charge of a scaled fleet of drones simultaneously.

This project is born as an alternative to conventional charging methods, seeking for UAVs to

reach their full potential in shaping the future of our society. For this, first a brief research on

UAVs has been done, analyzing their history, their batteries and the possibilities available in

the market. Secondly, the electronics behind the project will be introduced and tested, to

(30)

2

After that, a prototype will be built, as a proof of concept, to make sure the product is feasible

and it responds to a necessity. Finally, once the operating prototype is built and tested, a set

(31)

3

CHAPTER 2

STATE OF THE ART

For better comprehending the repercussions of this project, and the impact it may have in the

industry, research was conducted. First, a brief history of how UAVs have evolved, and how

they are changing the way we understand transportation; secondly, the drones used in this

project will be introduced, and their specs; lastly, the technologies available for autonomous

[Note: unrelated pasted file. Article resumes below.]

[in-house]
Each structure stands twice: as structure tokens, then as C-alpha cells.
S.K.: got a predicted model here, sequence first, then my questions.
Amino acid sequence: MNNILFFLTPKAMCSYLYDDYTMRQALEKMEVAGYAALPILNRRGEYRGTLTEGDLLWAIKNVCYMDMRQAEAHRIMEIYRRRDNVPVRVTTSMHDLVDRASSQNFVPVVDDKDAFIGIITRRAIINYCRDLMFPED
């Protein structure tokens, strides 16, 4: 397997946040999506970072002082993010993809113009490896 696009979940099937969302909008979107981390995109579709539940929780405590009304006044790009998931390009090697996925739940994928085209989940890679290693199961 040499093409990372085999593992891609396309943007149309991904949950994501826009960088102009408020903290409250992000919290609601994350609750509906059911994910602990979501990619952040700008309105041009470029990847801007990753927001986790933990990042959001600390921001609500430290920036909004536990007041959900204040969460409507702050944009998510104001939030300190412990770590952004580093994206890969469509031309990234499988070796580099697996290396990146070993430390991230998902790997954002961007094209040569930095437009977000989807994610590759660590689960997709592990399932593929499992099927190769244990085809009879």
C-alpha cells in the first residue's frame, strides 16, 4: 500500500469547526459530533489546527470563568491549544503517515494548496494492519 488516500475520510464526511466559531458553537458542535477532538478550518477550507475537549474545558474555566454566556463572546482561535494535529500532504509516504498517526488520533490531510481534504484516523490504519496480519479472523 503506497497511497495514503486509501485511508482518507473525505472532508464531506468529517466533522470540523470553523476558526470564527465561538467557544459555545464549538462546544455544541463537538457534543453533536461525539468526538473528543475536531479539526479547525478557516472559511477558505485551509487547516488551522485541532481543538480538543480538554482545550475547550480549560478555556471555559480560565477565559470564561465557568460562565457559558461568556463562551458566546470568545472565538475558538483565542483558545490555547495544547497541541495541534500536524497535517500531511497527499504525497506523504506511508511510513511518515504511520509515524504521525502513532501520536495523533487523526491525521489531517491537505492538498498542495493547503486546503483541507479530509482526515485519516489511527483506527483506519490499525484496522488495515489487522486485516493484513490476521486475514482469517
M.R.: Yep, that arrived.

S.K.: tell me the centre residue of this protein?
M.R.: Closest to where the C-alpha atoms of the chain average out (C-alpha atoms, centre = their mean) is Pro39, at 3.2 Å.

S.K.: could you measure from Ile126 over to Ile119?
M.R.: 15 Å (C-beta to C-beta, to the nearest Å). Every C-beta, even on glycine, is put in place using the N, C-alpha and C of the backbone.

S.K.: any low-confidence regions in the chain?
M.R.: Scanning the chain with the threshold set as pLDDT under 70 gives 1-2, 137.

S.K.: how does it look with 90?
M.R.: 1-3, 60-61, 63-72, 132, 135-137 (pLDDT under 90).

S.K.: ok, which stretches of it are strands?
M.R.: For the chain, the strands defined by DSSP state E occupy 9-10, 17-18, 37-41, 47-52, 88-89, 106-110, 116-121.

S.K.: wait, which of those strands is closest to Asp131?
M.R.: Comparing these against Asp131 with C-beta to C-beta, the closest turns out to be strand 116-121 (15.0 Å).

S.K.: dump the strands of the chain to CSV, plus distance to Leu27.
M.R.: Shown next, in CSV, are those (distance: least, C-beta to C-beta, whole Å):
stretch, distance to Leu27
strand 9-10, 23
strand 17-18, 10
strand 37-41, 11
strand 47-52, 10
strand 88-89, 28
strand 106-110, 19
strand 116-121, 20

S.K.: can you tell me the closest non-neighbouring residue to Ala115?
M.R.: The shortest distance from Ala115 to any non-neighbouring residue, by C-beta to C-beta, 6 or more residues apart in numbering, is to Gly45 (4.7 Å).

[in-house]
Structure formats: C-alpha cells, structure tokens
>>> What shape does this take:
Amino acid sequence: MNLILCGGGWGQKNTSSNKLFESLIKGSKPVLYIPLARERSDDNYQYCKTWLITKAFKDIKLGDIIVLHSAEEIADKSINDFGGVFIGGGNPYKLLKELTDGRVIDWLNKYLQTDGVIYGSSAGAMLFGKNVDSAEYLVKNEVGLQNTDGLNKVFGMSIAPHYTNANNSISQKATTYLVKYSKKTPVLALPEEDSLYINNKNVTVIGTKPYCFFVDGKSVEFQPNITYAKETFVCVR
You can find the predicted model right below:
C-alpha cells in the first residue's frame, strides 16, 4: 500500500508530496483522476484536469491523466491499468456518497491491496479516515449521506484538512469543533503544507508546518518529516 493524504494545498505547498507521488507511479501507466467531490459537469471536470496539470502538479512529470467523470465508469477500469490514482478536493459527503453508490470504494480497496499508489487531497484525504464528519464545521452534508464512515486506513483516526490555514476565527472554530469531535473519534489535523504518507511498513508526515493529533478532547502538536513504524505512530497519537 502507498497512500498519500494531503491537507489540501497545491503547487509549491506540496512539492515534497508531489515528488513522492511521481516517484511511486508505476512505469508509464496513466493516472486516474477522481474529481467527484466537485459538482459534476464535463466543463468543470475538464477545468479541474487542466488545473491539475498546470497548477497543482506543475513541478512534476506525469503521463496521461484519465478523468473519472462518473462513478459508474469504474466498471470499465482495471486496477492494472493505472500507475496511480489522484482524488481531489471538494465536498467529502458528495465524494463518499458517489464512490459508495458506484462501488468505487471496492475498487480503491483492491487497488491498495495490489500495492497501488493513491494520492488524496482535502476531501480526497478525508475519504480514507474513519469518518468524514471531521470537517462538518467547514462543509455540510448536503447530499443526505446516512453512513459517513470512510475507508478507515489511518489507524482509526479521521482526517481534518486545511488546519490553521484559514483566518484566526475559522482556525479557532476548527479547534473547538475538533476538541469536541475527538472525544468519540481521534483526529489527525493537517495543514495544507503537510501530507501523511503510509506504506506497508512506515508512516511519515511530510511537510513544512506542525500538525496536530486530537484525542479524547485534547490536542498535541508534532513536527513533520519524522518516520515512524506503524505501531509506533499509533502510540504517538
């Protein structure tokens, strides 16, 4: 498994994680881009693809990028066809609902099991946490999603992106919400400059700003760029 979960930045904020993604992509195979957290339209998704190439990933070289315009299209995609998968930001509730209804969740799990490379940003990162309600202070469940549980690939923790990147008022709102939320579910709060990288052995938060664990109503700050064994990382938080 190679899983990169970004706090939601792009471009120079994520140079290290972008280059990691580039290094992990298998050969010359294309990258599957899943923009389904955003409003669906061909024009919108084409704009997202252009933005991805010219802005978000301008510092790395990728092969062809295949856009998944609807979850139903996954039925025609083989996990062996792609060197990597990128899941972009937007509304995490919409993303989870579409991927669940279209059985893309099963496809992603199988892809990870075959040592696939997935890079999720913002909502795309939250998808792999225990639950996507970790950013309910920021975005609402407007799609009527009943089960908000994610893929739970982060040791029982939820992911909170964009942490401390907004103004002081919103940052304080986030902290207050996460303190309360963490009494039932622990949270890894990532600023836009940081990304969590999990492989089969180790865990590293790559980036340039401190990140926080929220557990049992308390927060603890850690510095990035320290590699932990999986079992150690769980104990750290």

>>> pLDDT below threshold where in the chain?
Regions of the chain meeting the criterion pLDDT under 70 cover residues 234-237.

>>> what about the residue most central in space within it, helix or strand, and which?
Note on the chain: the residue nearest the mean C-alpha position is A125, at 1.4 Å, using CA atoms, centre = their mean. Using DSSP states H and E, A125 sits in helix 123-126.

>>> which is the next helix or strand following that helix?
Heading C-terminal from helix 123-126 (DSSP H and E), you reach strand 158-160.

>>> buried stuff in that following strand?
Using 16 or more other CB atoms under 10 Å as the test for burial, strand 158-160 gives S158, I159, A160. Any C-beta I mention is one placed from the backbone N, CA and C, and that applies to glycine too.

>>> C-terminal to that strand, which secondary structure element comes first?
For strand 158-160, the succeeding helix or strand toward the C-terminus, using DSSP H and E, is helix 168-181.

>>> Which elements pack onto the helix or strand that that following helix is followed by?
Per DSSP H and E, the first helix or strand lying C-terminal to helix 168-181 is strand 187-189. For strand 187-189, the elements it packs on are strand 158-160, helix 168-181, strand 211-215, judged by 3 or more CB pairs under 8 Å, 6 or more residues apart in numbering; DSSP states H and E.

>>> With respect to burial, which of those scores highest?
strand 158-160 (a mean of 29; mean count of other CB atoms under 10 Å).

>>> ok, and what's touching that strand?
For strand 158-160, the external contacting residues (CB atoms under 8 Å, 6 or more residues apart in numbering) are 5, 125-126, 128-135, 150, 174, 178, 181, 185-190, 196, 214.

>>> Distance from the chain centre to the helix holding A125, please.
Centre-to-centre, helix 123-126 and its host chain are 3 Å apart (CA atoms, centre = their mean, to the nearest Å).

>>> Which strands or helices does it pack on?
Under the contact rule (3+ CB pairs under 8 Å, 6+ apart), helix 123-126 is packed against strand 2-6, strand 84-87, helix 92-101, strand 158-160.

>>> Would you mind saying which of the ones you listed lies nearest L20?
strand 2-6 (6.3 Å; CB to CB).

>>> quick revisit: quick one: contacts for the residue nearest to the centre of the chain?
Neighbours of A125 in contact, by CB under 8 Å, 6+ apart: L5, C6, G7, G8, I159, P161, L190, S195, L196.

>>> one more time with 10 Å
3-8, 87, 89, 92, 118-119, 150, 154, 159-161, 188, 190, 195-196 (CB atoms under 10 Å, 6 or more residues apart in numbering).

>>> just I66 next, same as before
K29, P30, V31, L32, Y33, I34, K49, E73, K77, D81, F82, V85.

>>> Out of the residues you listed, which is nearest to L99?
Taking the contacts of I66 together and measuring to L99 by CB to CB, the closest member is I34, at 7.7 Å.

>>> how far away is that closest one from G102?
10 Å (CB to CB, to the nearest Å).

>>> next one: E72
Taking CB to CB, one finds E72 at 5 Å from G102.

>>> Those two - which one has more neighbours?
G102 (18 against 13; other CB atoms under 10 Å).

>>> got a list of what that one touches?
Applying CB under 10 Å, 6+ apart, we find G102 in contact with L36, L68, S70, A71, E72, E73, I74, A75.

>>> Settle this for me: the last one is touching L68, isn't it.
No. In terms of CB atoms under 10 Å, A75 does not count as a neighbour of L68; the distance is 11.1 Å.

charging of batteries, how they work, and the advantages and disadvantages they present.

2.1 HISTORY OF UAVS

Like many of the advances done in technology, Unmanned Aerial Vehicles (UAVs),

commonly known as drones, were developed centuries ago for military purposes. The earliest

recorded use of a UAV was on 1849, when Austrians used unmanned balloons loaded with

explosives to attack Venice. Shortly after, in 1915, British military used aerial photography to

their advantage in the Battle of Neuve Chapelle.

After this, the United States developed the first pilotless aircraft in 1916, during First World

War, and continued experimenting with radio-controlled aircrafts. In 1937 they created the

Curtis N2C-2 drone, the first of the successful prototypes.

Figure 1. A Curtis N2C-2 at the National Museum of Naval Aviation (Naval Aviation Museum)